Higher education is a vital component of the lives and careers of millions of Americans. As the source of many grants and loans for students, the federal government has an interest in understanding how Americans pay for college.
Since 1987, the National Center for Education Statistics, part of the Department of Education, has kept track of the portfolio of grants, loans, personal savings, and other sources that students and families use to finance postsecondary education—uncovering important trends that influence college enrollment, completion, and labor market outcomes. This study, which now takes place every four years, is known as the National Postsecondary Student Aid Study, or NPSAS.
RTI has been conducting NPSAS or one of its related longitudinal studies—the Beginning Postsecondary Students Longitudinal Study and the Baccalaureate and Beyond Longitudinal Study—since 1990.
Managing a Complex Study across Changes in Population and Technology
The most recent NPSAS, which covers the 2019-2020 academic year, includes approximately 150,000 students across 3,000 colleges and universities. We survey the students through both web and phone questionnaires, matching these data with records collected from institutions, data from federal financial aid systems, the Veterans Benefits Administration, and other sources.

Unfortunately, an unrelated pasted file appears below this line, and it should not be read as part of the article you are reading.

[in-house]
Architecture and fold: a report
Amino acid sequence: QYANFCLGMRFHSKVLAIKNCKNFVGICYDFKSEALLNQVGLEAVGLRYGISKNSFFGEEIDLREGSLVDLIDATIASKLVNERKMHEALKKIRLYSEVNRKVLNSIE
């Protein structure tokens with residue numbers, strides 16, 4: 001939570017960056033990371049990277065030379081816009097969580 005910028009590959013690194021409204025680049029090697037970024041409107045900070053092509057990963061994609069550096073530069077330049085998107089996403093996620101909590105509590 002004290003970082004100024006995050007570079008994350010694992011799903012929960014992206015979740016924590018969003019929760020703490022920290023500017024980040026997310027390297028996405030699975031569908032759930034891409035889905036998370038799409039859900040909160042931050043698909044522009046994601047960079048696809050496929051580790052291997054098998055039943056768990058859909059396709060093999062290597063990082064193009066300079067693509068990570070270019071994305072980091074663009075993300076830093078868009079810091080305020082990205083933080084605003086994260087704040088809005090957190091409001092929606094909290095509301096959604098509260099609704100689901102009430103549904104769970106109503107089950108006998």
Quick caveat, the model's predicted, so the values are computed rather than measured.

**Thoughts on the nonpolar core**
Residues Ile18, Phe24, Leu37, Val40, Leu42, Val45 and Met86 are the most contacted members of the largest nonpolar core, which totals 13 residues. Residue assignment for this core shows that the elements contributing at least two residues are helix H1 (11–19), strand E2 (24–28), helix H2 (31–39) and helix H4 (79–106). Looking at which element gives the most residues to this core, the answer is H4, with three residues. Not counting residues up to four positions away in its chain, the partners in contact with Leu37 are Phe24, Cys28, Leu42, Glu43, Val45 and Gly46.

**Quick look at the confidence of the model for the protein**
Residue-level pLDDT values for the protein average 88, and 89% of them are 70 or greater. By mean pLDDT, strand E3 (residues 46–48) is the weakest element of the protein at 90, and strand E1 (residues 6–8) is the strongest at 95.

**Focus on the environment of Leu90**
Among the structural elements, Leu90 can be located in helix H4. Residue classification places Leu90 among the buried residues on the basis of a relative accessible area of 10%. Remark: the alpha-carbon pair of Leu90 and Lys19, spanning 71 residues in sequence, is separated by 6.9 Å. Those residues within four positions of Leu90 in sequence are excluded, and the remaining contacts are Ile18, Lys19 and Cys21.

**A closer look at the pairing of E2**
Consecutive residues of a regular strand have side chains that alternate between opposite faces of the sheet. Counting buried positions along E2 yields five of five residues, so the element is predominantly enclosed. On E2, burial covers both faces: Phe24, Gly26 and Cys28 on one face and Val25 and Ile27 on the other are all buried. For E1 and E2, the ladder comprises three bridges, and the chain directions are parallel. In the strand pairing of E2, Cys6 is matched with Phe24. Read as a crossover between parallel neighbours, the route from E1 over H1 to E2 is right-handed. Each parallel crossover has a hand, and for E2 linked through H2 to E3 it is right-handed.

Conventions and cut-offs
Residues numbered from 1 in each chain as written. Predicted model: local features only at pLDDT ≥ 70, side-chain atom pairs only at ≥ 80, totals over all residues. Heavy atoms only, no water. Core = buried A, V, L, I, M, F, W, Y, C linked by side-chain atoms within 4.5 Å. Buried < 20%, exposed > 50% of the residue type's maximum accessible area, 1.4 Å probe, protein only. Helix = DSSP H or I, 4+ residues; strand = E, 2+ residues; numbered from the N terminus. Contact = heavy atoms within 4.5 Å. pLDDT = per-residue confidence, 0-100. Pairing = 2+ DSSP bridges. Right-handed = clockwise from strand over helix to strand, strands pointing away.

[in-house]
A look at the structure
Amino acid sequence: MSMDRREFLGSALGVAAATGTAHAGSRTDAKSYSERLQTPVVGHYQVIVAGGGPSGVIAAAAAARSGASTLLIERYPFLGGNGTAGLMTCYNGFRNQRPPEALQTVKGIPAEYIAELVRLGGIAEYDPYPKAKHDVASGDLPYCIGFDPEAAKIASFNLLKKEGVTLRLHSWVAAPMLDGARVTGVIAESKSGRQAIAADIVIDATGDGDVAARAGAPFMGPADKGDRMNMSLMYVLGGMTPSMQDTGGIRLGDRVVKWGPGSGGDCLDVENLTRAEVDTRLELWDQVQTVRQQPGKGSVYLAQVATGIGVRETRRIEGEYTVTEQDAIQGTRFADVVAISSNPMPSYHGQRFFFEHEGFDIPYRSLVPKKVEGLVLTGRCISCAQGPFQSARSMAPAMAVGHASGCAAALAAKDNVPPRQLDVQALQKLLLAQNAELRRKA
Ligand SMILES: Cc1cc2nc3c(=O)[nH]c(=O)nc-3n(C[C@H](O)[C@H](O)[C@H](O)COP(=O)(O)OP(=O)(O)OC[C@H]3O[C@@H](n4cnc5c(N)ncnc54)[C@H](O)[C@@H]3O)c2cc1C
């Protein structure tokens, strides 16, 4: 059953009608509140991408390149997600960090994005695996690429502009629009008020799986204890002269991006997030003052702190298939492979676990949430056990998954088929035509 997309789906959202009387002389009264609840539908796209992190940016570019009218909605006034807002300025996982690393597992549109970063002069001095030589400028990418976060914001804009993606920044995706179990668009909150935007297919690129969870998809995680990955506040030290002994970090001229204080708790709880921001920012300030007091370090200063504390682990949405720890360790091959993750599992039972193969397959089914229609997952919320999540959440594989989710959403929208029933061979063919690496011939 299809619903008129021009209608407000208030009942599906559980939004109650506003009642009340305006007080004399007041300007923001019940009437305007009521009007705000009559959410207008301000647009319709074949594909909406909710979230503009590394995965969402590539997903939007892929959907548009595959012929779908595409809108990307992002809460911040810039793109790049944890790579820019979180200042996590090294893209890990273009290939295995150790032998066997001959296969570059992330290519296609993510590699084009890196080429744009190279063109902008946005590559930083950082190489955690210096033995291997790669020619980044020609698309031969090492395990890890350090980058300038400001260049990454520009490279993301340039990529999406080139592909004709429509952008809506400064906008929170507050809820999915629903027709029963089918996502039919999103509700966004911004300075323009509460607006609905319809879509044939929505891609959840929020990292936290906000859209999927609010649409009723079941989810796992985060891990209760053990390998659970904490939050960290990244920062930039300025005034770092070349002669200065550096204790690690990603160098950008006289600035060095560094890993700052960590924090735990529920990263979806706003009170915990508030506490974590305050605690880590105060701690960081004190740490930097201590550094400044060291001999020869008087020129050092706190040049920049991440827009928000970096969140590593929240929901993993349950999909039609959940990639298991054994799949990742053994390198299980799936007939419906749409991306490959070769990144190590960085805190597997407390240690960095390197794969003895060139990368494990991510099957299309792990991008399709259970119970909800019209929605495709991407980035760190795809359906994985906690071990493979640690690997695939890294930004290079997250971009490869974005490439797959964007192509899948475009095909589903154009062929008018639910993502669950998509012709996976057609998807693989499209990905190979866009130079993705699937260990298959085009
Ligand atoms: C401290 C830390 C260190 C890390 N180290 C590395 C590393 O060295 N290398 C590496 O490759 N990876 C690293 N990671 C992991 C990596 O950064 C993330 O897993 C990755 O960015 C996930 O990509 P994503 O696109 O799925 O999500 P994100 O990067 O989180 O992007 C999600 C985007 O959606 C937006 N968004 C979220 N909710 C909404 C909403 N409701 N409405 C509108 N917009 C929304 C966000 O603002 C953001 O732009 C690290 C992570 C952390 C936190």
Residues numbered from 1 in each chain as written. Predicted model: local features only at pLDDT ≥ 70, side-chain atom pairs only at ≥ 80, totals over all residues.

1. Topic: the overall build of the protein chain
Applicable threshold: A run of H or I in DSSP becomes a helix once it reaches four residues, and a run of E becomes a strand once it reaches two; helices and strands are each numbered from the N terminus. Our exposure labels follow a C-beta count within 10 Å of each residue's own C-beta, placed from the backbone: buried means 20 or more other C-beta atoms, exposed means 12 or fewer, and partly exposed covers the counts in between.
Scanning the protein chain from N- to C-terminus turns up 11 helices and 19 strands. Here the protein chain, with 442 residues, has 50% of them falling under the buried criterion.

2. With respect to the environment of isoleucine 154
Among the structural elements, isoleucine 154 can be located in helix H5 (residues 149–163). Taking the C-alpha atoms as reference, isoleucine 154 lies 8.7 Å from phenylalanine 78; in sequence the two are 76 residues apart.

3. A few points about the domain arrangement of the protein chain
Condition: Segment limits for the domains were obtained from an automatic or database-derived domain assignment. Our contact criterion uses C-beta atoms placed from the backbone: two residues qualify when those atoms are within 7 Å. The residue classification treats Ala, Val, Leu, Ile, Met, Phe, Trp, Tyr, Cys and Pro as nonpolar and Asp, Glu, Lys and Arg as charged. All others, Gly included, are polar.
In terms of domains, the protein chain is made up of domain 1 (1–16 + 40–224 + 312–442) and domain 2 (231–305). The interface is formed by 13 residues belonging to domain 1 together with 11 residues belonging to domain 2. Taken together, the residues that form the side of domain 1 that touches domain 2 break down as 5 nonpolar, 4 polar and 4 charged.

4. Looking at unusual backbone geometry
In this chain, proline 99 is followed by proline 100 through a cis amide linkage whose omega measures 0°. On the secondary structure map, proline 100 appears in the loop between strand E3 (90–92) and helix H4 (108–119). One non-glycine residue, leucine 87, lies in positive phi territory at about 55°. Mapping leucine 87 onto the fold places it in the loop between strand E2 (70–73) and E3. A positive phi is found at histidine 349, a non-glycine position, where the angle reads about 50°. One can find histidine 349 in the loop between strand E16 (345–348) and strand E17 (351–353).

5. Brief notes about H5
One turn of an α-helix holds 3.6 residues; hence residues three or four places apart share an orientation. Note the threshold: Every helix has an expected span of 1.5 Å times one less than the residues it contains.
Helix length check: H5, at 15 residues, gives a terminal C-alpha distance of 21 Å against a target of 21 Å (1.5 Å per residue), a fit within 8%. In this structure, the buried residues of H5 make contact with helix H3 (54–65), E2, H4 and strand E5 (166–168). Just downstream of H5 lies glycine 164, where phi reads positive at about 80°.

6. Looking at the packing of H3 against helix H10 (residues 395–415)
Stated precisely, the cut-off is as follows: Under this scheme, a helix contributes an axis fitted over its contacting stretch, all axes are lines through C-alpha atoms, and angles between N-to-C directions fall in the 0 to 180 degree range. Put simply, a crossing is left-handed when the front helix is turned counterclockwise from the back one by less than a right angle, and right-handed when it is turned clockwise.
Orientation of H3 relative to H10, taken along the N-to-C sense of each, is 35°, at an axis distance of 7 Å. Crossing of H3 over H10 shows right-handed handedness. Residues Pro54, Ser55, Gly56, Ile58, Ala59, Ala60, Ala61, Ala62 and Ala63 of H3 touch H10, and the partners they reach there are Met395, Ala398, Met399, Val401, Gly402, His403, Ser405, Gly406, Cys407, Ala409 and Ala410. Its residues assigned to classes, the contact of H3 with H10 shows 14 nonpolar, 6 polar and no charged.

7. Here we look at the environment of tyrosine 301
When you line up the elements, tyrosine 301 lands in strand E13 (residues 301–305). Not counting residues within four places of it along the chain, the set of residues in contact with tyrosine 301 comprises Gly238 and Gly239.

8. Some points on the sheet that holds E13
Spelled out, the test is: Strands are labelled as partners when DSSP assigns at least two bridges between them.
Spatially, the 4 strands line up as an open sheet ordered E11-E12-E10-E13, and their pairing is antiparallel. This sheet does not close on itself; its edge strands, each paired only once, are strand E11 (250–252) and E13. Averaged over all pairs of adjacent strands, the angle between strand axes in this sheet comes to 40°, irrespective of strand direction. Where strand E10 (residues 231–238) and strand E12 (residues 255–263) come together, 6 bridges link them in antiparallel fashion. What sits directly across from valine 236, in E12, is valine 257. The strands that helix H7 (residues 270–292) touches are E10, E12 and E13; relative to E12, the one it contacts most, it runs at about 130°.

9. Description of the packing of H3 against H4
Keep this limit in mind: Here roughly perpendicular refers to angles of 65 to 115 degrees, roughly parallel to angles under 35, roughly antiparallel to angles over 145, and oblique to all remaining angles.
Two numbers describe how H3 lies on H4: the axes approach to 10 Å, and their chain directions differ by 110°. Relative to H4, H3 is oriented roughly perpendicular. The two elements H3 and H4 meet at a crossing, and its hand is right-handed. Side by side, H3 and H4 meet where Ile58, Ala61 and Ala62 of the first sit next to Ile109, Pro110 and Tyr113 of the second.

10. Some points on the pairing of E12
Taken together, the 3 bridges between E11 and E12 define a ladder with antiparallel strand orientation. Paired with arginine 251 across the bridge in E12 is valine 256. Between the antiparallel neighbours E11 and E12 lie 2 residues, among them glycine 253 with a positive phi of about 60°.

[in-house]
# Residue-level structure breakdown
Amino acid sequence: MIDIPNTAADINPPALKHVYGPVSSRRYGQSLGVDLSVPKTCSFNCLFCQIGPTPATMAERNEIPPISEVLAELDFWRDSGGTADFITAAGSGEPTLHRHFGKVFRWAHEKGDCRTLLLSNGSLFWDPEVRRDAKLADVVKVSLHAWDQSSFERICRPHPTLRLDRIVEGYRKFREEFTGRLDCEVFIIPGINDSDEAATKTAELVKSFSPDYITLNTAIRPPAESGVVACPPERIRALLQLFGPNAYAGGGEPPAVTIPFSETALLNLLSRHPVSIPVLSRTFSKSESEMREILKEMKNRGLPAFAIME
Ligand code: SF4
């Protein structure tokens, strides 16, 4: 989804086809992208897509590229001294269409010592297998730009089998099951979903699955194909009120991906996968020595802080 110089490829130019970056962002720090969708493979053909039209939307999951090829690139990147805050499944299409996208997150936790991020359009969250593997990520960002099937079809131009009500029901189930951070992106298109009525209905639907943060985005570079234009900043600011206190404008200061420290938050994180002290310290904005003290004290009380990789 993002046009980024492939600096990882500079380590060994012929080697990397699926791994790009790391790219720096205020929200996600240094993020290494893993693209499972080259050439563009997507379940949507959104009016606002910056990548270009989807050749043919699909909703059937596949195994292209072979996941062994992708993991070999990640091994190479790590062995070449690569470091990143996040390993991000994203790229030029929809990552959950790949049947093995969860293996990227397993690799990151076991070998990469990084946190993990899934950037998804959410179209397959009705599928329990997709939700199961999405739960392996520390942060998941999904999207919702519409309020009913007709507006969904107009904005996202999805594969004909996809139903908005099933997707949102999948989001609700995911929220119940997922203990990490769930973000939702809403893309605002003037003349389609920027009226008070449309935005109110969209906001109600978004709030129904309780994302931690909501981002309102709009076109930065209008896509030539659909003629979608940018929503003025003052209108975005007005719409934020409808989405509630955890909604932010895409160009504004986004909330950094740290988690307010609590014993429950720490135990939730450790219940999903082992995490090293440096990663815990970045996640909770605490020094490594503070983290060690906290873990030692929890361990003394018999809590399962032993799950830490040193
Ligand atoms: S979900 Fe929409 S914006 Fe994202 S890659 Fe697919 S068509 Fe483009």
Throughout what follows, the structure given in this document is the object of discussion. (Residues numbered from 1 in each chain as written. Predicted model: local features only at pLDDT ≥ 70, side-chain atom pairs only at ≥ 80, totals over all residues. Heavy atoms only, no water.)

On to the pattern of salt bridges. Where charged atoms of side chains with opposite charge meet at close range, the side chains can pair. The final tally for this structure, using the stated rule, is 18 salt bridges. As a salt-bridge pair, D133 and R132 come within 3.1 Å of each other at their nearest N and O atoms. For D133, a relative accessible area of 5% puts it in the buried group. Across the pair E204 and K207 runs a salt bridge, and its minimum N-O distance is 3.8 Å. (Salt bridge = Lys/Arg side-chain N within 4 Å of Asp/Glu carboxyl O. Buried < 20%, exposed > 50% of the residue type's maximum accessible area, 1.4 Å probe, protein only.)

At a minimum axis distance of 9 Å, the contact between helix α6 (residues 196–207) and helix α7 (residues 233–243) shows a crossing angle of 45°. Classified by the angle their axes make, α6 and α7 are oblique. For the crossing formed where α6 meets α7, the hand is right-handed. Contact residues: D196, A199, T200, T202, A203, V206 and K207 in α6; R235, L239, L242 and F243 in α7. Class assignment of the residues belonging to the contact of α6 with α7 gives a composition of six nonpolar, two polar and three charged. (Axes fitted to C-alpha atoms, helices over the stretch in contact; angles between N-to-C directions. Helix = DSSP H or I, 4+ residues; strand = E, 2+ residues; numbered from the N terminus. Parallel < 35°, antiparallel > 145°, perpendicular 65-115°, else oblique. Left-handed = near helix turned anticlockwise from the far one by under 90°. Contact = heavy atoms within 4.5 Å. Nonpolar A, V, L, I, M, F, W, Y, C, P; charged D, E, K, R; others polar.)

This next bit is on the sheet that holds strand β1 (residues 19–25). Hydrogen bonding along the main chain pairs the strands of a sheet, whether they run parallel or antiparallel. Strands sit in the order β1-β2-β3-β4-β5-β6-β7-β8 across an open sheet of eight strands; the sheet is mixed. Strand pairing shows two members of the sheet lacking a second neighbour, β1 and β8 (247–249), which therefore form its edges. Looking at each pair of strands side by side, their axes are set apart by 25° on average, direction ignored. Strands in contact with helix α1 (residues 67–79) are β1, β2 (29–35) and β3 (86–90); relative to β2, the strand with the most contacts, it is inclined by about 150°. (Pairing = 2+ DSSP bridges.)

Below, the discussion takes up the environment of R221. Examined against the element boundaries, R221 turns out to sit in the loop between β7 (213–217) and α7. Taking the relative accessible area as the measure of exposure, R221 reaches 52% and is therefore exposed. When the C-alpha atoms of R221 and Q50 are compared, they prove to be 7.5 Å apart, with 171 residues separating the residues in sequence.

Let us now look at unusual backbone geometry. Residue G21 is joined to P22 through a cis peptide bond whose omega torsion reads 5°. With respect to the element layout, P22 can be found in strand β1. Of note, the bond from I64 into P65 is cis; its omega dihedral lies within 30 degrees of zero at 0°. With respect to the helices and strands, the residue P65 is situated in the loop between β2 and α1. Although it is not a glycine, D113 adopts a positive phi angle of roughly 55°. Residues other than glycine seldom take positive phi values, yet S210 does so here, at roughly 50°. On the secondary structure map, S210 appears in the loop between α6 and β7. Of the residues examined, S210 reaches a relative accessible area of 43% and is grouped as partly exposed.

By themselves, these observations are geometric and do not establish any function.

Technological shifts, including the move to a web-based, mobile-optimized student survey, have enabled us to keep pace with our target population. We have also demonstrated flexibility in working with the colleges and universities in our sample, allowing them to submit data in multiple formats. Overall, the study has grown in depth and breadth, as the sample has increased and we collect data from more sources, all with an eye toward adding detail and improving the quality of results for our client.
As our partnership with NCES continues, we are adding and planning new dimensions for NPSAS. In NPSAS:16, we expanded data collected on military participation in higher education. In 2018, we launched a new round of institution data collection, providing more frequent information on students’ strategies for paying for college. In 2020, the traditional NPSAS data collection will be augmented with an additional sample of 250,000 undergraduate students (collection of student record and administrative data only) to create state-representative samples for undergraduate students overall and in public 2-year and public 4-year institutions.